Hackers are spreading the Chthonic banking trojan via legitimate-looking PayPal emails, security outfit Proofpoint has warned. The emails are 'authentic' and don't trigger antivirus warnings because they come via PayPal from accounts that appear to be legitimate.
"The sender does not appear to be faked. Instead the spam is generated by registering with PayPal and then using the portal to request money," said Proofpoint in a security advisory. The attackers take advantage of a feature that allows users to include notes when sending money request messages. One sample picked up by Proofpoint showed that Gmail failed to block the email since it appeared to be legitimate.Read more
Researchers have come across a new banking Trojan that appears to borrow code from the notorious Zeus. Dubbed Panda Banker, the threat was discovered in February by Fox IT and later analyzed in detail by experts at Proofpoint.
According to Proofpoint, cybercriminals have used both spear-phishing emails and exploit kits to deliver the Trojan. In one spear-phishing campaign observed on March 10, attackers sent an email containing a malicious document to people working in mass media and manufacturing organizations. When recipients opened the document, Panda Banker was downloaded from a remote server.Read more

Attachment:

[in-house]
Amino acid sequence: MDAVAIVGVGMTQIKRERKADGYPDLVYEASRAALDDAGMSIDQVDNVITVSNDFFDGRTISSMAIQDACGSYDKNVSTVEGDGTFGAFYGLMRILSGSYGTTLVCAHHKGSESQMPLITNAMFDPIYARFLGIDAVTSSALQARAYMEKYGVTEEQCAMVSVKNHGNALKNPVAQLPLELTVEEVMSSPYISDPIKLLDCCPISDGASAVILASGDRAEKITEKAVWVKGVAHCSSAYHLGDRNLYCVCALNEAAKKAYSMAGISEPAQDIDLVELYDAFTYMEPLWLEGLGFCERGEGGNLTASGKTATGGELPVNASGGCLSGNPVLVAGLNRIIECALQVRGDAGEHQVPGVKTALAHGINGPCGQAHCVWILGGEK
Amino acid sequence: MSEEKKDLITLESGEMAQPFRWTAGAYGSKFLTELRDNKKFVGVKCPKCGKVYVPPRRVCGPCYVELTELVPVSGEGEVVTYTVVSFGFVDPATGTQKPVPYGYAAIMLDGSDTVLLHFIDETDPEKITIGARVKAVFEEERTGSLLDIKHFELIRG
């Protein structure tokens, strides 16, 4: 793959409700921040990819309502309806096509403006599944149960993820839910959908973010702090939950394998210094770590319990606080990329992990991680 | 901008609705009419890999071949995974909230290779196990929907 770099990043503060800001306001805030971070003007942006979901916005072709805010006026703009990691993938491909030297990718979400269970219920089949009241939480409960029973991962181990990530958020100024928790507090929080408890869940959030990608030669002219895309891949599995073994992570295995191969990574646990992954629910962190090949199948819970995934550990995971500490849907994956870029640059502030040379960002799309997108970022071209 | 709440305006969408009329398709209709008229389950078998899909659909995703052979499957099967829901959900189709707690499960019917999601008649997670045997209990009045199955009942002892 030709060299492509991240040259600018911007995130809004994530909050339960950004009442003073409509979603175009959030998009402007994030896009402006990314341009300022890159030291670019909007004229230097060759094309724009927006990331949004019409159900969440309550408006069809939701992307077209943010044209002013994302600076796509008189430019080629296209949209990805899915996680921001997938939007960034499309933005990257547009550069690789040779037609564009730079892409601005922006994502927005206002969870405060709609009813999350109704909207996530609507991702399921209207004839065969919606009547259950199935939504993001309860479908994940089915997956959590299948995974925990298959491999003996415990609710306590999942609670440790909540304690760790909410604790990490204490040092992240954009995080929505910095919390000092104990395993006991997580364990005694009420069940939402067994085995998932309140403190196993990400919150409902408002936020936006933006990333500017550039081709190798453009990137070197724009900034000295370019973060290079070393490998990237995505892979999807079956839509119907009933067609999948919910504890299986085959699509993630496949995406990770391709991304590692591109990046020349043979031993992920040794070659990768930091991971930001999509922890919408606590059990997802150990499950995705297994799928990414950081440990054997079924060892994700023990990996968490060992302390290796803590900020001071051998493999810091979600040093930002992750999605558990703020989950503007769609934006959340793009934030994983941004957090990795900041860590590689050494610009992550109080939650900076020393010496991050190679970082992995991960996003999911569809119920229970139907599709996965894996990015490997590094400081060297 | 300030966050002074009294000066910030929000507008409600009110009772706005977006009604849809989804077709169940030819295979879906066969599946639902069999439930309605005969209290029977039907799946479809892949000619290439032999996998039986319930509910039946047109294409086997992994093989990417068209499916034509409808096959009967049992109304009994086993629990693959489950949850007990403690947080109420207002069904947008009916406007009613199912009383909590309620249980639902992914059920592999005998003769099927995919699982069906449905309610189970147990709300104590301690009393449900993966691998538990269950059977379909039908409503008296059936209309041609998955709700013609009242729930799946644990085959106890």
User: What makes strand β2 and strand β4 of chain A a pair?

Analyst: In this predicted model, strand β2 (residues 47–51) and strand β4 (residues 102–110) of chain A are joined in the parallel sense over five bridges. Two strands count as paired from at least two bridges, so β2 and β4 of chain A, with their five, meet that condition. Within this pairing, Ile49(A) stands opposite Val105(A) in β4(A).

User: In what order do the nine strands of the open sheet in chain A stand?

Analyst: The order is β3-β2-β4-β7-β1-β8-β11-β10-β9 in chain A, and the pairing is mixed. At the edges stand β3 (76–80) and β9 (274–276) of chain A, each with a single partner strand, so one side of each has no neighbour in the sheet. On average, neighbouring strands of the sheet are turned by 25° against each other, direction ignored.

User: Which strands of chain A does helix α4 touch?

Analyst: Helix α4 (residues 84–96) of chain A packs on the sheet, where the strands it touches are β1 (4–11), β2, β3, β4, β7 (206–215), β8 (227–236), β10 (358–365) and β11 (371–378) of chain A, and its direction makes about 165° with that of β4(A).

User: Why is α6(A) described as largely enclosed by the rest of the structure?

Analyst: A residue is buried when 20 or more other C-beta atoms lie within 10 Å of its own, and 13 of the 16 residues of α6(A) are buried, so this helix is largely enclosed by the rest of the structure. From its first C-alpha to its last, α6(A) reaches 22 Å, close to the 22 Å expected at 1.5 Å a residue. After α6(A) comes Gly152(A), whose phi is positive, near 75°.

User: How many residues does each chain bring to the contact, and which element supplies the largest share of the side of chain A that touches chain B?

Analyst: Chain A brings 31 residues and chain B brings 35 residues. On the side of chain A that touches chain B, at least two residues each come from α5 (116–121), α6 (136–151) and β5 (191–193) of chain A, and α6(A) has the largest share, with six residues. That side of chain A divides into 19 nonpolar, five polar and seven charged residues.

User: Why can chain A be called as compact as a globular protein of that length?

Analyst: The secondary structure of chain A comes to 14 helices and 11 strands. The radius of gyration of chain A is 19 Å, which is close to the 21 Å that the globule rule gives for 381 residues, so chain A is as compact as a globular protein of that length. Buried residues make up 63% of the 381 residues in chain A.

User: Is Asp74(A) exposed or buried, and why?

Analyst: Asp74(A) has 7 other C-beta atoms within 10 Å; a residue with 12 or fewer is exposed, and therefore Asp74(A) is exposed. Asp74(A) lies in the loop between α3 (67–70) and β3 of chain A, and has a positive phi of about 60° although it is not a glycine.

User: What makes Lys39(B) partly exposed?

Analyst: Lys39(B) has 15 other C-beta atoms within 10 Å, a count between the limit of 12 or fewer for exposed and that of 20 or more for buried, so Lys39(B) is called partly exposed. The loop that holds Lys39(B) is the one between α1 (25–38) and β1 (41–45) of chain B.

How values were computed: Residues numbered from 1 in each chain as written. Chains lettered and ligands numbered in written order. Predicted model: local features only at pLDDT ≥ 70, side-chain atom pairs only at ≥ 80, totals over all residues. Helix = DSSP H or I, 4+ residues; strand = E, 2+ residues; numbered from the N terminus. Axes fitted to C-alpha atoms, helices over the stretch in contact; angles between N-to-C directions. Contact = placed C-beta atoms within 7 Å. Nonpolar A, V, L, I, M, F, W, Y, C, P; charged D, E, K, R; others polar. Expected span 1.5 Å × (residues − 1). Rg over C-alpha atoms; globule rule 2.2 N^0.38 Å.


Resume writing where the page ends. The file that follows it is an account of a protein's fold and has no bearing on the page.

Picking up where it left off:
Researchers have uncovered a new variant of the infamous Zeus Trojan. It’s called Chthonic, a reference to spirits and deities from the underworld in Greek mythology, and it’s targeting 150 banks and 20 payment systems in 15 countries.
Zeus, as its name suggests, is the king of banking malware. It first emerged in 2007 and has been wreaking havoc on online bank accounts ever since. In 2011, its developers threw in the towel and posted its source code for all to see. It may seem as though this would be the end for Zeus, but, in fact, the opposite is true.Read more